2. Once you register, a link to the questionnaire/survey will be sent to your email account asking you to complete the FLARE-OA FIRST ROUND survey

The survey will take approximately 10 minutes to complete and should not exceed 15 minutes when connected to our site. You have the possibility to answer the survey sequentially (save and reload your ongoing answer). Please provide a response within 3 weeks.

Your participation is very important to the international research team! We thank you in advance for your kind cooperation.

Sincerely,

The FLARE-OA international project team

Francis Guillemin (co-PI), David Hunter (co-PI), Gillian Hawker, Lyn March, Bruno Fautrel, Claudia Rutherford, Elisabeth Spitz, Camille Ricatte, Amandine Schoumacker, Laetitia Ricci-Boyer, Marita Cross, Annica Barcenilla-Wong, Joanna Makovey, Hema Umapathy, Hakima Manseur

Surrey Inflammatory Arthritis Clinic: innovative, convenient, informative

Ask for your rheumatologist’s referral to make an appointment at the clinic! 

The recently opened Surrey Inflammatory Arthritis (IA) Clinic is located at the Surrey Memorial Hospital and provides services for people living with inflammatory arthritis. The clinic has therapists (occupational therapy and physical therapy) who are specifically trained to help you manage and treat the physical and mental impacts of rheumatoid arthritis.

Sarah Bryant, an occupational therapist at the Surrey IA Clinic, explains her work relationship with the clinic’s physical therapist: “We work in a transdisciplinary model, which means that we both train each other in the basics of our profession in rheumatology and that if you have something really specific to the discipline, you can see either one of us, as needed.” This transdisciplinary approach eliminates the stress associated with multiple visits to the clinic.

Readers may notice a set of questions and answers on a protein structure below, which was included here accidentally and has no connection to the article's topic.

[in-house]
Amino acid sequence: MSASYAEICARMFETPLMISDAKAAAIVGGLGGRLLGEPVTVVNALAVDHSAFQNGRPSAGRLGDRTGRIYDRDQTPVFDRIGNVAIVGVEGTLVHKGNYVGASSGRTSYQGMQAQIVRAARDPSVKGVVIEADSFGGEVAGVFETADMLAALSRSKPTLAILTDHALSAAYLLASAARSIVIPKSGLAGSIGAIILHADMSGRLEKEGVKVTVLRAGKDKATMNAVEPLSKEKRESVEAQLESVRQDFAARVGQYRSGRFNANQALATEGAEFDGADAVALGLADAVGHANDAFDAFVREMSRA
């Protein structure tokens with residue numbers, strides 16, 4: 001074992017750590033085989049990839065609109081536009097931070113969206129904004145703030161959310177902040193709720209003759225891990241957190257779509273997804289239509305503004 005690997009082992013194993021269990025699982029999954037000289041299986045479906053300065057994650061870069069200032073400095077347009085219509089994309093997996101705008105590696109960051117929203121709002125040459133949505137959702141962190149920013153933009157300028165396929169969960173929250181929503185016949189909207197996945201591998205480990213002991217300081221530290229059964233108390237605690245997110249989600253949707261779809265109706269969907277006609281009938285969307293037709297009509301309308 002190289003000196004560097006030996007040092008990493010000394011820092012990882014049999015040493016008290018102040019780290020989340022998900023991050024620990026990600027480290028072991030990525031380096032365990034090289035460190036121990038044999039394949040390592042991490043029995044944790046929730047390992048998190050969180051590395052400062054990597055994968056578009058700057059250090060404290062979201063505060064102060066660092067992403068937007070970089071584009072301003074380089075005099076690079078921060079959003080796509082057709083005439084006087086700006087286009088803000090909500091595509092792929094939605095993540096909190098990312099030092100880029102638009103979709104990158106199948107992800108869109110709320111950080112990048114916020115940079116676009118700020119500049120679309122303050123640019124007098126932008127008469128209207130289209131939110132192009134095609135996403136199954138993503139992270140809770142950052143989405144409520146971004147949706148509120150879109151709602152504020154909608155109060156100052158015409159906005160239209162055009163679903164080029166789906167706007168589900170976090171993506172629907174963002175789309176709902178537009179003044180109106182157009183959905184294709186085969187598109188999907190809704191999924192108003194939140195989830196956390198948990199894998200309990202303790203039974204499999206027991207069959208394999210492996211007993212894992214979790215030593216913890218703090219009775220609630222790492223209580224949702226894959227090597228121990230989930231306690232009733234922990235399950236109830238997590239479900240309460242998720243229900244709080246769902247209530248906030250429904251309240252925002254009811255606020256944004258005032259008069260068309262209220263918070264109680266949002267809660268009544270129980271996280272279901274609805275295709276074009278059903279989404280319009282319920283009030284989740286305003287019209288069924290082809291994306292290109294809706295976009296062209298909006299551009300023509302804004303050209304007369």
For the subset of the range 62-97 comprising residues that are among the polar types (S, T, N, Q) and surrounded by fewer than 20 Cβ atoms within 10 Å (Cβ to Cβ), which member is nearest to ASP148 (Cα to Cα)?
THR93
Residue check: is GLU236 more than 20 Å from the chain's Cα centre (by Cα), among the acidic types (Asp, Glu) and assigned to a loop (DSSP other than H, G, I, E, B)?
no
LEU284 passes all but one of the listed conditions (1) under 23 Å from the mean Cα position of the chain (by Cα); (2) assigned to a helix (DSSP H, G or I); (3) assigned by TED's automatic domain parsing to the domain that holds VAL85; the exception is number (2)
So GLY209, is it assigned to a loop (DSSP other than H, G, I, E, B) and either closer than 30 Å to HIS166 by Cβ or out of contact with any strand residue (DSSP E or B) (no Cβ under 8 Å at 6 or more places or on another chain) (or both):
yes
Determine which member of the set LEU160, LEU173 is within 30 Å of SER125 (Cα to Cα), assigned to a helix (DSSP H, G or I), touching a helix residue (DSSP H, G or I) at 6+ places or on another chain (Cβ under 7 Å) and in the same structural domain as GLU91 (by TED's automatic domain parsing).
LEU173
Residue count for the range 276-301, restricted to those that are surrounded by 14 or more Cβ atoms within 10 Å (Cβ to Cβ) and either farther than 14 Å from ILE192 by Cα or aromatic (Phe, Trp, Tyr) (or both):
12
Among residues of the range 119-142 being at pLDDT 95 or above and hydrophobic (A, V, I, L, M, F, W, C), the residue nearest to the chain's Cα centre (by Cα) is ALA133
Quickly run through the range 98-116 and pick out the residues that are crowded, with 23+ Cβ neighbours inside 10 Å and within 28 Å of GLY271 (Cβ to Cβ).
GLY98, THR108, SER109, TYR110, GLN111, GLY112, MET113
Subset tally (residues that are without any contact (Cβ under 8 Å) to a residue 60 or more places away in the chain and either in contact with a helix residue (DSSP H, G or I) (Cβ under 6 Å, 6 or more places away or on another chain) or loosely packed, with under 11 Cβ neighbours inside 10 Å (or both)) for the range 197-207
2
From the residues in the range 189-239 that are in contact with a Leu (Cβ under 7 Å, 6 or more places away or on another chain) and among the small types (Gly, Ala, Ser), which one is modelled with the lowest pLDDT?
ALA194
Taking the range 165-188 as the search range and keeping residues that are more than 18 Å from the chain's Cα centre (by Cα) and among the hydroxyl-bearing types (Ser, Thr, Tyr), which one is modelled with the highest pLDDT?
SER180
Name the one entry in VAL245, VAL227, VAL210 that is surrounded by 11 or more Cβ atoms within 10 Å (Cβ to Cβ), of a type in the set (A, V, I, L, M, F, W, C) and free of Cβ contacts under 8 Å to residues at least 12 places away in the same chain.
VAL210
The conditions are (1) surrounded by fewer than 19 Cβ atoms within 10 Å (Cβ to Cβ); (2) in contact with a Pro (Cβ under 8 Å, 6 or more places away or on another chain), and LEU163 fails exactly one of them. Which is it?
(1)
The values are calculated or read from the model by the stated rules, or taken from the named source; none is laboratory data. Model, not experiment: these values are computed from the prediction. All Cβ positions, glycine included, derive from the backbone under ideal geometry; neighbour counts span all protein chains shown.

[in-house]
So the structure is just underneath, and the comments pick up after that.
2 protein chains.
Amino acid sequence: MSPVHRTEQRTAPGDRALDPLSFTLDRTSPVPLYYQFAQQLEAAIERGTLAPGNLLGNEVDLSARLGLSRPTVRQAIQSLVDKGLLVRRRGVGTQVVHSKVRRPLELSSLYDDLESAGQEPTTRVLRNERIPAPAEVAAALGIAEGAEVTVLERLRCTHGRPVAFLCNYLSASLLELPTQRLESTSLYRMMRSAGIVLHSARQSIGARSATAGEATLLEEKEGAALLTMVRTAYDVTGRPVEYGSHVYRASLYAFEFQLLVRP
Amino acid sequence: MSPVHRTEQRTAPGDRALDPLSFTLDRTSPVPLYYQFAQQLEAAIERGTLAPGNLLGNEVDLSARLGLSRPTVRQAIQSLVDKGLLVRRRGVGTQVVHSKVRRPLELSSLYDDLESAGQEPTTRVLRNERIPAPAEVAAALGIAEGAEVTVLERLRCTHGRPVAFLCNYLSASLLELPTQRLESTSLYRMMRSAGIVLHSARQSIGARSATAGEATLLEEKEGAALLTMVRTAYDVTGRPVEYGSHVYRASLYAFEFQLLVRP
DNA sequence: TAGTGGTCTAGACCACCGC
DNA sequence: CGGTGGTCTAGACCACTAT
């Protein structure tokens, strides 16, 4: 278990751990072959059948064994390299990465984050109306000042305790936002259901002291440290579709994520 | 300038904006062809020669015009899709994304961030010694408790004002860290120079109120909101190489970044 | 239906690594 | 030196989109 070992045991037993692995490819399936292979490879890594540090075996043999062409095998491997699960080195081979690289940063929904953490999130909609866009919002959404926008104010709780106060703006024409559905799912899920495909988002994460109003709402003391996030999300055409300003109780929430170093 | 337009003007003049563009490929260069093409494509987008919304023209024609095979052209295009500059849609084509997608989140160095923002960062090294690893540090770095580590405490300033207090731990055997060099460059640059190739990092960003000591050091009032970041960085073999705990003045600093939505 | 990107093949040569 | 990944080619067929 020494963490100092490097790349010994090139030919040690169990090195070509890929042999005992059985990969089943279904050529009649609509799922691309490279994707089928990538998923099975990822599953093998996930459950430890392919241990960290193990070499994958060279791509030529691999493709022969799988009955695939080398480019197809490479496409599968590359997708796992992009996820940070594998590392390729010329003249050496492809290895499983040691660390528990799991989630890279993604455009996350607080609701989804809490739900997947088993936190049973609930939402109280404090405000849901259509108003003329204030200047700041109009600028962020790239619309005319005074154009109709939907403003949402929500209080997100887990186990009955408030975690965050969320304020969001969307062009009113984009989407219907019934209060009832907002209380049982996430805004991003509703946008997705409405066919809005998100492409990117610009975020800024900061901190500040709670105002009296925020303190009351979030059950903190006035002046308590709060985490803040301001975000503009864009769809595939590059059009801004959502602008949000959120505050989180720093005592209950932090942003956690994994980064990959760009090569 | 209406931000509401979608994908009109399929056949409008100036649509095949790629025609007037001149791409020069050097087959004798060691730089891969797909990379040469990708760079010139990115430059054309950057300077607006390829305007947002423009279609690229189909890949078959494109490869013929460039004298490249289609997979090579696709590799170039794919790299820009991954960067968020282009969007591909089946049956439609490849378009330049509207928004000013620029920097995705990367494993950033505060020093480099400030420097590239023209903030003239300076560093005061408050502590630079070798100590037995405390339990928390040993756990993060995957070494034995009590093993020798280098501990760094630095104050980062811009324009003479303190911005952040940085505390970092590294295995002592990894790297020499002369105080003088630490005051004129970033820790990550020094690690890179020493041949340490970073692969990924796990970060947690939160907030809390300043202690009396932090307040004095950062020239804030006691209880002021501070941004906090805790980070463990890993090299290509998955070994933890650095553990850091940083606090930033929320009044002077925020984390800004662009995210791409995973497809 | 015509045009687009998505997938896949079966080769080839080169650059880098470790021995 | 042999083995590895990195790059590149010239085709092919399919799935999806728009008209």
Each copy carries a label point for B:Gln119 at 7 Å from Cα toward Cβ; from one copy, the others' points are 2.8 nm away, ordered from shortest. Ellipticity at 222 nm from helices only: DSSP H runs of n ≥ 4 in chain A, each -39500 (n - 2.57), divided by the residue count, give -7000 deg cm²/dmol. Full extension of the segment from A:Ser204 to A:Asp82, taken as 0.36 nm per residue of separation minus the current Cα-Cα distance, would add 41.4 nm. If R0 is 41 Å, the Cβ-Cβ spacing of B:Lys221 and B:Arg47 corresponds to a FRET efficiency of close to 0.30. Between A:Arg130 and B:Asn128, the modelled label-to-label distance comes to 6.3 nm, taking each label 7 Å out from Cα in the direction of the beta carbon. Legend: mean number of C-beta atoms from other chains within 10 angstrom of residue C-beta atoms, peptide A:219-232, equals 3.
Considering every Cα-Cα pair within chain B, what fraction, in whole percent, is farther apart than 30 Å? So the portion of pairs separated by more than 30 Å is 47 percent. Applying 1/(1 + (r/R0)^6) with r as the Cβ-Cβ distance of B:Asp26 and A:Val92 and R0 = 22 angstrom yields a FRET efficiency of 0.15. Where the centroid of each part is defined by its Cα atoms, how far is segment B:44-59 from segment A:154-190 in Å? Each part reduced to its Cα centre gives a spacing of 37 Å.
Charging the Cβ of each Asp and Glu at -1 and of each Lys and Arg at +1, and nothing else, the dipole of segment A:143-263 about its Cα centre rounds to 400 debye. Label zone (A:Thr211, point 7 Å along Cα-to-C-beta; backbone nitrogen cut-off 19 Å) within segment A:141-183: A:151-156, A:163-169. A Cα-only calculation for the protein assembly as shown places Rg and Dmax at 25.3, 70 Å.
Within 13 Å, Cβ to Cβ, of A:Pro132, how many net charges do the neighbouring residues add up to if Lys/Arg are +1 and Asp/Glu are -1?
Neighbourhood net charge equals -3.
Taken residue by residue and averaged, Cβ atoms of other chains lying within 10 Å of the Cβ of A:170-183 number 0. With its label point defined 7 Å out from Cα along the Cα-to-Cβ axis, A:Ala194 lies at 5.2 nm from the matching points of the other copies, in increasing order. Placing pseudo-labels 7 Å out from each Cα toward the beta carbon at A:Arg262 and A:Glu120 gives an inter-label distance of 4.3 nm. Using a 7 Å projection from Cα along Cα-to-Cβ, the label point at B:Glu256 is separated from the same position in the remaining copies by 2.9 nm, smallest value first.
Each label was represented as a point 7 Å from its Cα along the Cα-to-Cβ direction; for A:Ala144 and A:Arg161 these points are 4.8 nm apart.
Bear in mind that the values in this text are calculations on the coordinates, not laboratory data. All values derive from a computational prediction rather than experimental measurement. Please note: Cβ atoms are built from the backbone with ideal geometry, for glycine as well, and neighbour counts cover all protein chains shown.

The services provided at the clinic are publicly funded and available for people living with inflammatory arthritis who are:

  • 18 years of age or older
  • diagnosed with rheumatoid arthritis within the last two years
  • living in the Fraser Health region
  • have a rheumatologist’s referral to the Surrey IA Clinic

This video provides general information about what you should expect when you visit an occupational or physical therapist at the Surrey IA Clinic. For more information about the clinic or to schedule an appointment, please call 604-585-5666 (extension 778778).

To subscribers who live outside of British Columbia:

If you know of a clinic in your area of Canada that offers a similar program, please email us at feedback@jointhealth.org so that we may share it on our resources page.

Everything you need to know about the shingles vaccine (Shingrix®) if you have inflammatory arthritis or are on a biologic

Image of files and envelops

What is shingles?

Shingles (Herpes Zoster) is an infection that causes a painful skin rash and can lead to a variety of more complex, serious conditions. Shingles is caused by the varicella zoster virus (VZV), the same virus that causes chickenpox. VZV can stay in the nerve cells of an individual long after they recover from chickenpox. The virus may lay dormant for decades, and then reactivate and cause shingles when the individual’s immune system is more weak.

Individuals over the age of 50 have an increased risk of developing shingles as well as anyone who has a compromised immune system. Many people with inflammatory arthritis have a compromised immune system due to taking medications that partially or completely suppress the immune response of an individual.

What is different about Shingrix®?

Shingrix® is not a live vaccine, so individuals cannot develop shingles from the vaccine. Another shingles vaccine, called Zostavax®, is not suitable for individuals with a compromised immune system because it is a live vaccine.

Who should receive Shingrix®? Continue reading

Reminder: Call for patient input on tofacitinib (Xeljanz®) for psoriatic arthritis